2. Alternating Incline Dumbbell Curl

When you think about your biceps, you probably envision your biceps brachii, which sits above your brachialis (we’ll get to that later) and is largely responsible for that bicep bulge we all want, explains Matthew J. Capolongo, C.S.C.S., P.E.S., a sports performance coach at Professional Athletic Performance Center in New York City. He adds that research shows that this move is one of the best for the developing the biceps brachii.

How to do it: Lie back on an incline bench with a dumbbell in each hand, palms facing forward, arms extended straight toward the floor but not locked out, and shoulders pulled back. From here, slowly lift one weight to the front of your shoulder while keeping your back pressed firmly against the bench and elbow and shoulder stationary. Pause, squeezing your bicep at the top, then slowly reverse the movement to return to start. Repeat on the opposite side.

3. Seated Alternating Hammer Curl

By curling your dumbbells with a neutral rather than underhand grip, you automatically switch the main muscle worked from the biceps brachii to the brachialis, explains Capolongo. That’s because your biceps brachii help you rotate your forearms so that your palms face up. And, while the brachialis is a deeper, barely visible muscle, it helps give your biceps as a whole more shape and strength, he says.

How to do it: For this biceps exercise, sit on a 90-degree bench with a dumbbell in each hand, palms facing in toward your body, arms extended straight toward the floor, but not locked out, and shoulders pulled back. From here, slowly lift one weight to the front of your shoulder while keeping your back pressed firmly against the bench and elbow and shoulder stationary. Pause, squeezing your bicep at the top, then slowly reverse the movement to return to start. Repeat on the opposite side.

Related: 7 Things Your Trainer Will Never Tell You About Your Fitness Routine

4. Standing Reverse Barbell Curl

According to 2015 research from Frontiers in Physiology, this variation significantly increases activity in the brachioradialis, the third and final muscle that makes up your biceps. This is because, when you curl a weight with an overhand grip (which is easiest to maintain with a barbell), you put the biceps brachii at a huge mechanical disadvantage, meaning the typically underused brachioradialis has to step in to pick up the slack, explains Minnesota-based exercise physiologist Mike T. Nelson, Ph.D., C.S.C.S.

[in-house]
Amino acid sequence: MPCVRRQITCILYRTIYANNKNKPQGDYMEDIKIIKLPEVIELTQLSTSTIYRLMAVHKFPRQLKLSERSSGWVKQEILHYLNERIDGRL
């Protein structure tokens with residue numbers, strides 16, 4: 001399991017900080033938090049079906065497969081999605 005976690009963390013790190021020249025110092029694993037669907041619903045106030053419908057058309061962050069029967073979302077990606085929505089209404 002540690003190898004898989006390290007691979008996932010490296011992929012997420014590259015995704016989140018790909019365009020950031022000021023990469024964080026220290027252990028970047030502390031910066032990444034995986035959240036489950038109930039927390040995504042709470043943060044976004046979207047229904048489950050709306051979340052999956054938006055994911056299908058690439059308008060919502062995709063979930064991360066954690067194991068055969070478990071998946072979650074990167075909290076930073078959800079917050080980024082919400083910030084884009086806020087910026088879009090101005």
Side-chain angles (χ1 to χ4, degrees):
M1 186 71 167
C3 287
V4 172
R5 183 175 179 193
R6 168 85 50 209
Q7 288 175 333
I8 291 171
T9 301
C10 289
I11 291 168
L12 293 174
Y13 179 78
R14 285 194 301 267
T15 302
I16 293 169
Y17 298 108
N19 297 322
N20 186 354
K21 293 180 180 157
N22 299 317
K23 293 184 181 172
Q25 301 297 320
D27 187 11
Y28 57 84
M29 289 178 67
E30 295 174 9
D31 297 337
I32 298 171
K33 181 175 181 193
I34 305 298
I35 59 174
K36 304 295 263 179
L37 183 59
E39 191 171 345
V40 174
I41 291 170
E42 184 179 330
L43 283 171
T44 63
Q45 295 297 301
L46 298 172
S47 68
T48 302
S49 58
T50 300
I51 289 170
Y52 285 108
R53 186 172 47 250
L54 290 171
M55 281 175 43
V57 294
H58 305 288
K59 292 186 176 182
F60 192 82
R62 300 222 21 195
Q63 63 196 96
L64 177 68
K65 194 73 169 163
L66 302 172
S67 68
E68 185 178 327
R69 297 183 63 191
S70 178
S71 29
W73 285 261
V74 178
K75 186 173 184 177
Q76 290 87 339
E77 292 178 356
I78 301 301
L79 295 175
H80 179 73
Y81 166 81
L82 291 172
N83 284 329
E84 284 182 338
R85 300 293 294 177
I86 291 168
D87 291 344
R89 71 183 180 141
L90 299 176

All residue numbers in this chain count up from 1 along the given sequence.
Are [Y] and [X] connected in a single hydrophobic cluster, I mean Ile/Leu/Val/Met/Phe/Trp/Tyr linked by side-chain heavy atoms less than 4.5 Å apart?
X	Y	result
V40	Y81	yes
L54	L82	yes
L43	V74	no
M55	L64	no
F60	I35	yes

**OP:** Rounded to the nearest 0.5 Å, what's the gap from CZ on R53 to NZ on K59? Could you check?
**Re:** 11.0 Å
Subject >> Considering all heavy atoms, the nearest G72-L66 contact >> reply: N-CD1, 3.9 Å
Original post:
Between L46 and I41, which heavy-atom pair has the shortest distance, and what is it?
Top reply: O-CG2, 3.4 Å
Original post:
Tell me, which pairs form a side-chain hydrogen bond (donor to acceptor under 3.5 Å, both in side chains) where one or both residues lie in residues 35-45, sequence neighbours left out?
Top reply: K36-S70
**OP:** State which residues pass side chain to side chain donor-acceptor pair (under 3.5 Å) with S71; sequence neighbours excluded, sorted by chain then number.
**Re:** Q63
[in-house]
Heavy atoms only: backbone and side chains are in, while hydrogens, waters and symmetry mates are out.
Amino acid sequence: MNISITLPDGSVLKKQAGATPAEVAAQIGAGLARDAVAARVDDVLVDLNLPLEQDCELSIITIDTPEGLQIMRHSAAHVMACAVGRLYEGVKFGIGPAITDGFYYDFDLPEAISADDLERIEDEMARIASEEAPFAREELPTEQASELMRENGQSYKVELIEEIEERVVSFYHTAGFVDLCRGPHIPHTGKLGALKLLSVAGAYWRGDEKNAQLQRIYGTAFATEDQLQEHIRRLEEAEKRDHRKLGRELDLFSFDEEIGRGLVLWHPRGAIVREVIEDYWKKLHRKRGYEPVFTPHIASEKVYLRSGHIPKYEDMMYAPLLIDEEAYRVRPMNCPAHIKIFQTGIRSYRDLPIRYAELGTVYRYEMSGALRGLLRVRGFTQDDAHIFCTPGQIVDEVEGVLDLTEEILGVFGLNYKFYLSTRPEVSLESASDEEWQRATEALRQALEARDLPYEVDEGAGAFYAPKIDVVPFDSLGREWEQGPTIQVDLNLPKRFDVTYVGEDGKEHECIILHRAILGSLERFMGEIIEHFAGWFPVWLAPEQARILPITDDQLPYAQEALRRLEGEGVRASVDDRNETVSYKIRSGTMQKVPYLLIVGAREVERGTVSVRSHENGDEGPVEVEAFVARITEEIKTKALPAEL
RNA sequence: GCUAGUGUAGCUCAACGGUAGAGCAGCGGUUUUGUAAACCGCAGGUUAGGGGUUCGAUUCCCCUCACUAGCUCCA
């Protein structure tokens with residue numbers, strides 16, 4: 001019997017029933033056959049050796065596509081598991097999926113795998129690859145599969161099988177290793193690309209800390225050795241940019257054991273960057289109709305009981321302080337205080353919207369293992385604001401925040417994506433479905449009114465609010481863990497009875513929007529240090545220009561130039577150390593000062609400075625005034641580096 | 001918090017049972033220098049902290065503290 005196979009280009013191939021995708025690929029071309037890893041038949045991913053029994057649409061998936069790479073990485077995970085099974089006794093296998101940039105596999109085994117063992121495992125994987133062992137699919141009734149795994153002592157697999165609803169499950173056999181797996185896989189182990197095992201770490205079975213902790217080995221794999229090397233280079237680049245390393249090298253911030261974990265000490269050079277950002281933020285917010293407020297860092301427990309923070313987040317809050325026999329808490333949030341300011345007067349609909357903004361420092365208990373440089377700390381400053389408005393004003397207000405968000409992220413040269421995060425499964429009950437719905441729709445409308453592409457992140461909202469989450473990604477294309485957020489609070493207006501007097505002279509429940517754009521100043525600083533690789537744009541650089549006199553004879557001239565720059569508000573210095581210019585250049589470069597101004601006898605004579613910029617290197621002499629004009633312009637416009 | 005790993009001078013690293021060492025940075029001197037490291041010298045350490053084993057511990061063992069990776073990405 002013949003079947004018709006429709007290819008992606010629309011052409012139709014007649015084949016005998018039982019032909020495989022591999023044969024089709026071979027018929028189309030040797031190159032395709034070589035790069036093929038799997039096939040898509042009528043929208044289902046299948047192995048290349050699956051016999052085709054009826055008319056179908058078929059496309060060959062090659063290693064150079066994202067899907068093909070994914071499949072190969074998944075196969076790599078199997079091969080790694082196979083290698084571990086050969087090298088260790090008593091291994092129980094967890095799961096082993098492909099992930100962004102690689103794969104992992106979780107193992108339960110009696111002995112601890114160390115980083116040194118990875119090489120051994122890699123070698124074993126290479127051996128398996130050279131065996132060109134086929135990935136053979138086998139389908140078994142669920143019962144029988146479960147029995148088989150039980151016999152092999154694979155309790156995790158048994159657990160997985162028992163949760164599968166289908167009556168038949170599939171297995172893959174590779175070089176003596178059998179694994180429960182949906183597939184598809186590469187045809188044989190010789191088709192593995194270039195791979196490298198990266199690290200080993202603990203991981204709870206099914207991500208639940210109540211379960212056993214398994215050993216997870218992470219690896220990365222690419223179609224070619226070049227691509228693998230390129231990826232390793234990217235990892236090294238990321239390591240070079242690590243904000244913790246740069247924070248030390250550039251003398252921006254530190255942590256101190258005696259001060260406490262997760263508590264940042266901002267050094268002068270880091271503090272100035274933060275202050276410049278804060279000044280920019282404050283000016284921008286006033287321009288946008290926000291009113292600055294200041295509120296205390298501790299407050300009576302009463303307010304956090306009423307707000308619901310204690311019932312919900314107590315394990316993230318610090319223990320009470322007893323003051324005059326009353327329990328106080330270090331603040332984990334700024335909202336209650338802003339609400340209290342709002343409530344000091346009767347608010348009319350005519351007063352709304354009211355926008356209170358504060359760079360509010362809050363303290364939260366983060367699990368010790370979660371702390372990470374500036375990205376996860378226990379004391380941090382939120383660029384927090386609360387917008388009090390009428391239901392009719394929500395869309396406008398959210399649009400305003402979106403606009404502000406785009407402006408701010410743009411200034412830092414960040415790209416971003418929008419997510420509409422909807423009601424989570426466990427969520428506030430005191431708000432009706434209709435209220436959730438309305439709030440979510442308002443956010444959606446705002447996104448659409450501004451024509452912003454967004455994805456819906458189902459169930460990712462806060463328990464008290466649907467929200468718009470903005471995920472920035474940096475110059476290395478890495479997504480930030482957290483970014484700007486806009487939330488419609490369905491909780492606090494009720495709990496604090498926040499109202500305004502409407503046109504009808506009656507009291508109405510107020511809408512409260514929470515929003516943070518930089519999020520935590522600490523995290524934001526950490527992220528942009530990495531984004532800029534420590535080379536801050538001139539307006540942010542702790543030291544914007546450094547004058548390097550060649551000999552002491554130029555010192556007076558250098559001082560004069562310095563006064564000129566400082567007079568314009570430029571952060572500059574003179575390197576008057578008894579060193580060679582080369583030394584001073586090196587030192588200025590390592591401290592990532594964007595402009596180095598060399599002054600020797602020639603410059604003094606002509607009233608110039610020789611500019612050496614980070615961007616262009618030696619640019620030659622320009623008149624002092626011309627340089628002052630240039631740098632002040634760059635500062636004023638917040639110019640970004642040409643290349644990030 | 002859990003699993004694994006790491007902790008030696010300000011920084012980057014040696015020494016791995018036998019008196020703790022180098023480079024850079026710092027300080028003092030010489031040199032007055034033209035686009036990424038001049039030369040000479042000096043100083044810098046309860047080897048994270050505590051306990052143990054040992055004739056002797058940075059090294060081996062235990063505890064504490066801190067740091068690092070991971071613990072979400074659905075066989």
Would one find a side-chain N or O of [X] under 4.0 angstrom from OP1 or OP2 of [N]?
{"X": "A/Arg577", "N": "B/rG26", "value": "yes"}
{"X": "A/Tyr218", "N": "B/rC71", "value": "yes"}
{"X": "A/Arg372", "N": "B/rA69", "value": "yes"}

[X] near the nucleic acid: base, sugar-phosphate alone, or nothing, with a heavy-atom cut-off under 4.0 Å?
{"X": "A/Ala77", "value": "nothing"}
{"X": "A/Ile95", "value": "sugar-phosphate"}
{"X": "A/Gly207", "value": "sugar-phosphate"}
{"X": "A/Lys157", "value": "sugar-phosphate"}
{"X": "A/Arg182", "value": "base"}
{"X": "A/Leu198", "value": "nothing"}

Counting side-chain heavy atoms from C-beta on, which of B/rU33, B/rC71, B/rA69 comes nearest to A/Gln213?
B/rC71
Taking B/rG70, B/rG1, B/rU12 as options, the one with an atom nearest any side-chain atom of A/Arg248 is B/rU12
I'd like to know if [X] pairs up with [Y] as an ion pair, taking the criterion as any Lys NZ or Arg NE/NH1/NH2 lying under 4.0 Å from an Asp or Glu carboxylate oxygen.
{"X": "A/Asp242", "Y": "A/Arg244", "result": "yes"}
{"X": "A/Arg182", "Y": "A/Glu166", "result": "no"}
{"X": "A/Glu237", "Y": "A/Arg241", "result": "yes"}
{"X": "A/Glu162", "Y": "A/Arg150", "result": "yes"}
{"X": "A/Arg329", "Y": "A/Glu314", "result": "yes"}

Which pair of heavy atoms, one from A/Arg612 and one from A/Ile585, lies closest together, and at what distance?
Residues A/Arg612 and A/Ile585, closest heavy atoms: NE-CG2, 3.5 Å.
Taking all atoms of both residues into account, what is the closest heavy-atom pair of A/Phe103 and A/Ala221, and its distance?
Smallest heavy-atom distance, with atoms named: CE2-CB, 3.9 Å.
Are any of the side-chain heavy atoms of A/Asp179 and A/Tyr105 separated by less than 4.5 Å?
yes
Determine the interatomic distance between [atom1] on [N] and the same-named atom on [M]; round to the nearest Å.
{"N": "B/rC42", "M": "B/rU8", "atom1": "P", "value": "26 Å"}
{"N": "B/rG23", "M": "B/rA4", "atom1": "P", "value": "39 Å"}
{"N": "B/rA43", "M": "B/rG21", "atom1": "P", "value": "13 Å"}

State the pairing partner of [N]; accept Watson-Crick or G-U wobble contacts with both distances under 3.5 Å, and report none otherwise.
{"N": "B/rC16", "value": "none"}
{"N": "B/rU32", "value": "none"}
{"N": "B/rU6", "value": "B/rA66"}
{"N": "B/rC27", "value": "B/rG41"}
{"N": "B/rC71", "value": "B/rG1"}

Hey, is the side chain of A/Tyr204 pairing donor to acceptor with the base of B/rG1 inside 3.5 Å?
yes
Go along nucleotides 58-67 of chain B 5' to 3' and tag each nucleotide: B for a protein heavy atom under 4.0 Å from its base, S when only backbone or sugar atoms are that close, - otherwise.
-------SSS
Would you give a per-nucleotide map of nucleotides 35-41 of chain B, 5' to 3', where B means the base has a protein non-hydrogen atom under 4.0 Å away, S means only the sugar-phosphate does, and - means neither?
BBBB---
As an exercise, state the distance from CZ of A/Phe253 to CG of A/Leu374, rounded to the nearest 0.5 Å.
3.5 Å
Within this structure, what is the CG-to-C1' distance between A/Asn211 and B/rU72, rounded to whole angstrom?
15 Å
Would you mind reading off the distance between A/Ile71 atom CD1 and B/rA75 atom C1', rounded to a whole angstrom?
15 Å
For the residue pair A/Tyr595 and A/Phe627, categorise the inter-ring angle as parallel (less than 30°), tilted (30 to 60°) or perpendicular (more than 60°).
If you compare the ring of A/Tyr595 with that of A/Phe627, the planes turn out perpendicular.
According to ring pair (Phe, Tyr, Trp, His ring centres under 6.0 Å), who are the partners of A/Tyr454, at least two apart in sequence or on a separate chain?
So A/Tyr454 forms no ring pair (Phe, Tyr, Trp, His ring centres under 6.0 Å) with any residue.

It’s worth noting that you won’t be able to curl near as much weight with this variation compared to the other exercises on this list. Don’t be too proud to go light.

How to do it: Stand tall with your feet hip-width apart holding a barbell with both hands, palms facing in toward your body, arms extended straight toward the floor but not locked out, and shoulders pulled back. From here, slowly lift the weight to the front of your shoulders while keeping your elbows and shoulders stationary. Pause, squeezing your biceps at the top, then slowly reverse the movement to return to start. Repeat on the opposite side.

5. Standing Cable Curl

Cable curls are a great when paired with free-weight bicep exercises. While dumbbells and barbells place the greatest amount of force on the biceps when your elbows are bent to 90 degrees, cables keep resistance constant through the entire range of motion. So with this variation, you’ll notice your biceps working a lot harder at the very top and bottom of the movement than they do with dumbbells.

How to do it: Stand tall with your feet hip-width apart facing a cable station, with a straight handle fixed to the lowest setting. Hold the handle with both hands, shoulder-width apart, palms facing forward, arms extended straight toward the floor but not locked out, and shoulders pulled back. From here, slowly lift the weight to the front of your shoulders while keeping your elbows and shoulders stationary. Pause, squeezing your biceps at the top, then slowly reverse the movement to return to start. Repeat on the opposite side.

Bicep workout at home